I've been previewing chapter books to read-aloud to my kids, and this was one that I had never actually read. While I understand some of the criticisms this gets because of racism, the relationship with Native Americans was much more nuanced than I expected. Yes, Ma is clearly racist but Pa shows some deep understanding of the Native dilemma and his own role in it. I think this book provides a great opportunity for discussion about the true history of the west. I won't read this to my kids yet, partly because I didn't realize this was the second book in the series, but mostly because I want to explore a little more Native American history with them first so we can have these discussions.

Although it is fictionalized and overly nostalgic, this is an amazing example of a living history book and deserves to be a classic. ( )
  CherieDooryard | Jan 20, 2015 |
Laura Ingalls and her family are making their way from Wisconsin to Missouri because her father has decided Wisconsin has become "too settled". The book encompasses a year in their life as they journey to their new home, build a house, begin to settle the land, meet new neighbors and have run-ins with "Indians."
The book is quite informational and realistic, even written from the child's perspective. The modern adult reader must remember, though, that the author, who is writing semi-autobiographically, grew up in a different time-period and her opinions on the "Indians" must be filtered through that lens. Parents reading this with young children should take care to have informed conversations with said children regarding the Native Americans and how the ideas expressed in this book are not necessarily still felt today.
I never read these books as a child, so I don't have any kind of nostalgia factor clouding my objectivity when it comes to this review. ( )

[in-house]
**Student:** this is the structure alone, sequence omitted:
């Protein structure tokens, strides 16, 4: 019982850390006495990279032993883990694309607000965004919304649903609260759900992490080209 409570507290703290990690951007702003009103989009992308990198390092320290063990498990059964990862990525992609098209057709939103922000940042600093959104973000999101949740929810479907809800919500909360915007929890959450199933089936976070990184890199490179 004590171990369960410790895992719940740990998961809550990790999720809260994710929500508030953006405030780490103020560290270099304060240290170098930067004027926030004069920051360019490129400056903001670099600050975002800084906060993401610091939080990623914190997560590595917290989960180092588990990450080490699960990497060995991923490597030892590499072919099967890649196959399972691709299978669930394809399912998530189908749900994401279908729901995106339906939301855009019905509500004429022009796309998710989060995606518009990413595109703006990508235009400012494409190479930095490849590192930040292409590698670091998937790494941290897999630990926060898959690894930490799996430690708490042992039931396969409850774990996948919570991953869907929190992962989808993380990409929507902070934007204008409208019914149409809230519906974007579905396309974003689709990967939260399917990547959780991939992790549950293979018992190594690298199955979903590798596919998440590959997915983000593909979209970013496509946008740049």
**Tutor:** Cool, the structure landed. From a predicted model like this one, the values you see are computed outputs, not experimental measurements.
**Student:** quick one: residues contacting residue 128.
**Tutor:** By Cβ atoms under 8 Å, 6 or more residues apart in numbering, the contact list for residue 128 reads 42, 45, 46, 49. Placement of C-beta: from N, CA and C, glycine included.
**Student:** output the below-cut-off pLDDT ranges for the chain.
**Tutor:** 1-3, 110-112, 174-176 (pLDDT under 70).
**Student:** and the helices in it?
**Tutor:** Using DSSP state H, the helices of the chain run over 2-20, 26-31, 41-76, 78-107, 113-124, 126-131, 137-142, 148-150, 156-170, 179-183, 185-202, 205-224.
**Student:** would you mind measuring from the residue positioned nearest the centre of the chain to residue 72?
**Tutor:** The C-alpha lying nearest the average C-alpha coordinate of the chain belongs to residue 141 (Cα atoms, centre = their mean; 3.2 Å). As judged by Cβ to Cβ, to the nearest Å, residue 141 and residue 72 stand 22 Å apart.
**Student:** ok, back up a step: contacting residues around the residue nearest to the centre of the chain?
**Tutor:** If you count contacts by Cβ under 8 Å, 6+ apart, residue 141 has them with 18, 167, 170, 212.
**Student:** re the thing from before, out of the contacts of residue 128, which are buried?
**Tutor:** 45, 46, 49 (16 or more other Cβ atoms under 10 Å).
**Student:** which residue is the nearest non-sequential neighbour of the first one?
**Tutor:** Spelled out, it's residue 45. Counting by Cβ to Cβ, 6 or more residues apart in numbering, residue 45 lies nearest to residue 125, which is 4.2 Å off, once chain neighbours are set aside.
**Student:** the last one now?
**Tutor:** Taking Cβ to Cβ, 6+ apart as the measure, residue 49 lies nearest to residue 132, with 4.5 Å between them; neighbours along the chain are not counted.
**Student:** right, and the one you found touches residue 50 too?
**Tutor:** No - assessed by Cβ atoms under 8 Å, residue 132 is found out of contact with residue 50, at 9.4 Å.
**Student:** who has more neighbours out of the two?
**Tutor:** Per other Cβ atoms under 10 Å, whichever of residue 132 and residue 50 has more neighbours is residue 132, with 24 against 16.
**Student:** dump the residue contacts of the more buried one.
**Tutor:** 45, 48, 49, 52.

EmScape | Dec 18, 2014 |
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» Add other authors (30 possible)

Author nameRoleType of authorWork?Status
Laura Ingalls Wilderprimary authorall editionsconfirmed
Hallqvist, Britt G.Translatorsecondary authorsome editionsconfirmed
Taula, S. S.Translatorsecondary authorsome editionsconfirmed
Williams, GarthIllustratorsecondary authorsome editionsconfirmed
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A long time ago, when all the grandfathers and grandmothers of today were little boys and little girls or very small babies, or perhaps not even born, Pa and Ma and Mary and Laura and Baby Carrie left their little house in the Big Woods of Wisconsin.
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Amazon.com Product Description (ISBN 0064400026, Paperback)

The adventures continue for Laura Ingalls and her family as they leave their little house in the Big Woods of Wisconsin and set out for Kansas. They travel for many days in their covered wagon until they find the best spot to build their little house on the prairie. Soon they are planting and plowing, hunting wild ducks and turkeys, and gathering grass for their cows. Sometimes pioneer life is hard, but Laura and her folks are always busy and happy in their new little house.

(retrieved from Amazon Mon, 30 Sep 2013 13:52:26 -0400)

(see all 8 descriptions)

A family travels from the big woods of Wisconsin to a new home on the prairie, where they build a house, meet neighboring Indians, build a well, and fight a prairie fire.

(summary from another edition)

» see all 24 descriptions